Humor – Using laughter or joking, especially sarcasm or irony, to get out of a jam or to soften feelings of anguish or discomfort in a given situation.
Laughter helps us connect. Sharing a private joke, chortling over a funny movie, or exchanging conspiratorial grins in a crowd is some of the most intimate things we can do together. There is a lot of truth to the saying, “the shortest distance between two people is laughter.” Making ourselves and others laugh is not a bad way to go through life, but it can mask hidden emotions. Humor becomes imprinted as a personality style throughout life because it is so rewarded. Lots of smart and funny people use jesting to keep their true needs hidden and protect themselves from feeling vulnerable.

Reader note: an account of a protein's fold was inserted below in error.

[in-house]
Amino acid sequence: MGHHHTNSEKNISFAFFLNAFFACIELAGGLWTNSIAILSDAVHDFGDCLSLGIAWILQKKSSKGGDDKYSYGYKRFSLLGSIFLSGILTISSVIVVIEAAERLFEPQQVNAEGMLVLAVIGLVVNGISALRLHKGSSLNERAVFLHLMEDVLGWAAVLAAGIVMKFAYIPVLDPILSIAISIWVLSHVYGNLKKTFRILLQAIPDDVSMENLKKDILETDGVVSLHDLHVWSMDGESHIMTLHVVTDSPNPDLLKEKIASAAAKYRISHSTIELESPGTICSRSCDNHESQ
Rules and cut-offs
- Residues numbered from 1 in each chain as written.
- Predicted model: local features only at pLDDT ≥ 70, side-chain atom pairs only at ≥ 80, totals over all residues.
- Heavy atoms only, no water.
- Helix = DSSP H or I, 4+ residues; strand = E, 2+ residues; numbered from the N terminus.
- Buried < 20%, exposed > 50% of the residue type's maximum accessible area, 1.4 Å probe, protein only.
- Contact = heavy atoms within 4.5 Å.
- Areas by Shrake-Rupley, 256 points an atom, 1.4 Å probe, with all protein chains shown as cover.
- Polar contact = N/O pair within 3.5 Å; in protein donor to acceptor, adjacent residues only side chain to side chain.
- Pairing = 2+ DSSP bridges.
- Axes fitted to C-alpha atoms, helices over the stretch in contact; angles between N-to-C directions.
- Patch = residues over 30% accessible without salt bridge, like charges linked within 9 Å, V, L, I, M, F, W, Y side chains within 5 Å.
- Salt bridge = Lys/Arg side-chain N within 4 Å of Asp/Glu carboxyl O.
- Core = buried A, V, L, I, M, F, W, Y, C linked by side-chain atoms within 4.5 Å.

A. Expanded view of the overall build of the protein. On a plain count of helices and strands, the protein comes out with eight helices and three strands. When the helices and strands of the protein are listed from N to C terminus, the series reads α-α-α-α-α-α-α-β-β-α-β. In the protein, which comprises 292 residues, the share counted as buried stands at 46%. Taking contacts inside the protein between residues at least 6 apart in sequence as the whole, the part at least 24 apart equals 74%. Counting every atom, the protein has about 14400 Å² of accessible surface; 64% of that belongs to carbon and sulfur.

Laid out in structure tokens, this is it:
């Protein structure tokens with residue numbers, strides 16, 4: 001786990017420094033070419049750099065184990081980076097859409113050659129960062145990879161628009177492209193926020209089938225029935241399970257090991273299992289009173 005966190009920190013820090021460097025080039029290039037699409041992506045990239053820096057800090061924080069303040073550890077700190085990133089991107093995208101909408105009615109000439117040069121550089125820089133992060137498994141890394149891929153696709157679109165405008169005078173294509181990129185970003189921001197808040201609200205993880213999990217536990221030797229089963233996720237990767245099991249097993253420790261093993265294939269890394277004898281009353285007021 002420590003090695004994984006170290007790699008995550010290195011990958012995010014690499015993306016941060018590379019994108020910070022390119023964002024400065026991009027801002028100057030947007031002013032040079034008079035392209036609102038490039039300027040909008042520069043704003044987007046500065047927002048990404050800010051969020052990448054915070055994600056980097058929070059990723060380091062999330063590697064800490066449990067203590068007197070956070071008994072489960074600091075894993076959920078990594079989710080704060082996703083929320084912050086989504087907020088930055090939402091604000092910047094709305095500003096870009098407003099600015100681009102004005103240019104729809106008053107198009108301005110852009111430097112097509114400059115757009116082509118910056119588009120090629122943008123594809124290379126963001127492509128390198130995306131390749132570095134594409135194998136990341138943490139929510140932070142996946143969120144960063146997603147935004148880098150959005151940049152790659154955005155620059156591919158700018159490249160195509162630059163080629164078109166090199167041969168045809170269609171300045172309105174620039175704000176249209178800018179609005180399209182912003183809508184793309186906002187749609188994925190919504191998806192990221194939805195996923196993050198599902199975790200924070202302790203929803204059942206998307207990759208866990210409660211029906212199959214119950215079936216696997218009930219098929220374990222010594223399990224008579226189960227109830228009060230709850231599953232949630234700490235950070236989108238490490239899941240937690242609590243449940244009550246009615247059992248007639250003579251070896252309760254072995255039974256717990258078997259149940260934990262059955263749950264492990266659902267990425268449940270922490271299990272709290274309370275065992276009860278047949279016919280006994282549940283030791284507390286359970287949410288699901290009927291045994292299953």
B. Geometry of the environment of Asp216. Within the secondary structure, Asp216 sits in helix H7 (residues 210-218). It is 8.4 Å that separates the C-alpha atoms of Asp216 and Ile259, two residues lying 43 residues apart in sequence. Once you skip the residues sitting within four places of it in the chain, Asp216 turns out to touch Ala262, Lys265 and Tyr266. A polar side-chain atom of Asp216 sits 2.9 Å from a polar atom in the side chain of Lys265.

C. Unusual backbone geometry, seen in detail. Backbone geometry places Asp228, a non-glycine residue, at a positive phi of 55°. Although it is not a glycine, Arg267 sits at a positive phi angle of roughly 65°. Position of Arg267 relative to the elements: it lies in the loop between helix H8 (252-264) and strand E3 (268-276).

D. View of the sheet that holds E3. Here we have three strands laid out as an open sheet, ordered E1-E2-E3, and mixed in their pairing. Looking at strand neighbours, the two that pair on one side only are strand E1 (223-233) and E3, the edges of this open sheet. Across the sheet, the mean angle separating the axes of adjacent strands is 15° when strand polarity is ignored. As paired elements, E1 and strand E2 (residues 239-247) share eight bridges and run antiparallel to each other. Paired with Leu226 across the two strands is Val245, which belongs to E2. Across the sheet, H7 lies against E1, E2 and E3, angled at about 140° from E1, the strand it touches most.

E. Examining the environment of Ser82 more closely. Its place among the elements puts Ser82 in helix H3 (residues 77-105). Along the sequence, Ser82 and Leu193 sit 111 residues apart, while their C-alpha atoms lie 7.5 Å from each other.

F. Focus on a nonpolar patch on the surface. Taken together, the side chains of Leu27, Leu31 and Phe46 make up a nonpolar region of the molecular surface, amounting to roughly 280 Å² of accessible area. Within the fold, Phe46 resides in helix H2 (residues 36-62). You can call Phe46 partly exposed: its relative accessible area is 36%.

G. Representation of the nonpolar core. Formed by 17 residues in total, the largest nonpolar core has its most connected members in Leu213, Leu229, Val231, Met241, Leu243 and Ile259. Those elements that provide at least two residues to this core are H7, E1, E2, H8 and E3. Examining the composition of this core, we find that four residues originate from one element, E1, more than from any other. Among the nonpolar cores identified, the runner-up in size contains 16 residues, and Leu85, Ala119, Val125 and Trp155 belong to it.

It is better to feel the hurt, even to cry, than to cover up our feelings so much that we forget what they are. Is our laughter healing or is it concealing? Laughter, especially if we frame it around sarcasm and irony, can cloak the anguish or discomfort of a situation.
A little laughter and a few tears every day are good for the soul. Being comfortable with the full range of our emotions and keeping a check on our humor barometer is healthy. If it moves toward sarcasm, dial it back to the mid-range level. Soon, we’ll develop a sensitivity to our emotions and those of the people around us helping us to tune into when we are covering up instead of just having fun.
Cite: Kagan, M. and Einbund, N. Defenders of the Heart. (2008). Carlsbad, Ca. Hay House, Inc.